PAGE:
Success against the statistical likelihood of failure
Sandra Giannone Ezell is Managing Partner of Bowman and Brooke LLP’s Richmond, Virginia, office and a trial lawyer. The opinions expressed are her own.Thomson Reuters is hosting a live blog on March 8, 2011 to mark the 100th anniversary of International Women’s Day.
I was honoured to be asked to share my voice in this forum on this auspicious day that celebrates the International Day of the Woman. I can be found most days, growing my trial practice, running my office, delivering speeches, making it rain and blogging on TheLegalDivas.com.
By night, I am a mother to four, a wife and, life permitting, an intermittent sports fan. I thought about what I could possibly add to this that would stand out in celebration of the distance that women have travelled to actually attain success in the legal profession, or any profession, in the last 50 years.
I started out in my profession more than 20 years ago and at that time, in my law school class, as in most law school classes, then and now, the distribution of women to men was even, if not slightly more women. At every single mile marker along the way, however, that ratio has shifted. And while the actual numbers have changed the more than two decades that I have been doing this, the trends have not.
If you compare the number of first year associates to mid-year associates, the numbers begin to skew in favor of men. If you look at senior associates, depending on the time frame and the study, women are represented at about 50 percent of men.
Once you work your way into the partnership ranks within an organization, there are fewer and fewer women, with ownership being vested in 15 percent women to men in our nation’s law firms. Firm leadership, the executive and management committees, we have single digit representation.
You may say, wait a minute, this does not sound like a tribute to how far we have come, but how far we have not come.
But, if you think about what the implications of this reality (whether you blame the firms who do not flex or the women who do not stay) are on those of us who are here, who have succeeded, who have arrived, it is truly amazing.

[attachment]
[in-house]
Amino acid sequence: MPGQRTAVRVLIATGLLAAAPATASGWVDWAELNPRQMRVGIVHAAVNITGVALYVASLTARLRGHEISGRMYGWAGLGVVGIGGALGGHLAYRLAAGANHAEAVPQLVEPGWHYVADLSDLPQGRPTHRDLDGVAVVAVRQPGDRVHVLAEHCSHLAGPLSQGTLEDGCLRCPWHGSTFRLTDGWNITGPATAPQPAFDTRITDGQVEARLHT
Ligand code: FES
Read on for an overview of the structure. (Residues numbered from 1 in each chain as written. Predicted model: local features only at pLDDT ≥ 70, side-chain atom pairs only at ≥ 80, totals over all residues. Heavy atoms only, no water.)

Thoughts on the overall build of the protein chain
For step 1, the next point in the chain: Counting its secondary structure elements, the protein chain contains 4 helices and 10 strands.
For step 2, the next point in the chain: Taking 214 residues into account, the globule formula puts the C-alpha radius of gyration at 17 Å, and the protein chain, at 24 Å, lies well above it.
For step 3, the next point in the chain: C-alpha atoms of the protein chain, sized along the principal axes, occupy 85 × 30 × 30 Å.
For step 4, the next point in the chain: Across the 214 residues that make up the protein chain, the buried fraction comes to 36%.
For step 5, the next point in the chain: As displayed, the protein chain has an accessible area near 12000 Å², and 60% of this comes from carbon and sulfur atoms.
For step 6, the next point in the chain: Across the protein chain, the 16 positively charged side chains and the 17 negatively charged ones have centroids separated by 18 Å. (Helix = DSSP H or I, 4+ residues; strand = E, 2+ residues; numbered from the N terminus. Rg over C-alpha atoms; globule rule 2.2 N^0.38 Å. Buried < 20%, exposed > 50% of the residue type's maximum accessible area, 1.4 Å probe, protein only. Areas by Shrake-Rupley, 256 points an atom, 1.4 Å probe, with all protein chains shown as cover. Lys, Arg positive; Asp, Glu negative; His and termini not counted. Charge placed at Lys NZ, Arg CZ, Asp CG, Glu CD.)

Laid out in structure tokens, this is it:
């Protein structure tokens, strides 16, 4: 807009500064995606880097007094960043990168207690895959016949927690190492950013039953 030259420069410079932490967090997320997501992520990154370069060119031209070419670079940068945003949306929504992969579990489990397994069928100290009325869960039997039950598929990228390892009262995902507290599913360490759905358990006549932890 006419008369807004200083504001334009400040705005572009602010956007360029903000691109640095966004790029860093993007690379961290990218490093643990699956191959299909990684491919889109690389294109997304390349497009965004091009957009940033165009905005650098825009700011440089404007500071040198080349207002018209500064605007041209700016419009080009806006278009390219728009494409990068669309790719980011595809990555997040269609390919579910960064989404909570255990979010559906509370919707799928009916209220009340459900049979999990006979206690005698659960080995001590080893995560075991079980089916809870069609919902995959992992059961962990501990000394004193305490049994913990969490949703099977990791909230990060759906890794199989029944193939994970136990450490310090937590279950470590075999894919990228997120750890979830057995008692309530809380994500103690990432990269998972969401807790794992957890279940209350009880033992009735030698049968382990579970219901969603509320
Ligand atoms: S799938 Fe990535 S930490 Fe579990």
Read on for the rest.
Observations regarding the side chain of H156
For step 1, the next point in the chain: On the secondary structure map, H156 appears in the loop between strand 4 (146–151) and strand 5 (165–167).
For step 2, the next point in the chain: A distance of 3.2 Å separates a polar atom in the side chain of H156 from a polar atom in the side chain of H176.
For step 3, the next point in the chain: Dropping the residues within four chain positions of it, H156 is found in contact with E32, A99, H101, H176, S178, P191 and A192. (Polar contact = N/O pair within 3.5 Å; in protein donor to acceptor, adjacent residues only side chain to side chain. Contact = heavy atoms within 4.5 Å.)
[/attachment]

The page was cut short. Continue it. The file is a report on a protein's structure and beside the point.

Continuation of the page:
Every day, we went to work and the statistical probability was that we would not get past the next mile stone. Work was assigned based on that assumption, client exposure was based on that assumption and compensation was based on that assumption. These opportunities lost then made it even harder to succeed, thus creating a self-fulfilling prophecy of the decline of women in our profession.
So, when you measure your success and you celebrate your accomplishments, remember, that you achieved it against the background of an expectation of failure and then it becomes all the more remarkable.
Moreover, now that you have arrived, you have the capacity to change the system, the change the game, to change the expectations so that the next generation will not have the same playing field. Being a sports fan, I believe our games should not be rigged and that they should be played on a level field.
Being a mom, I hope that my children, the boys and the girls will have a different set of expectations about the women of the future than the women and men have had during my career. As a professional, I recognize the accomplishment of success for what it is-odds defying- and celebrate it with you today.
Picture Credit: Justice Elena Kagan walks down the steps of the Supreme Court with Chief Justice of the United States John Roberts following her formal investiture ceremony in Washington October 1, 2010. REUTERS/Larry Downing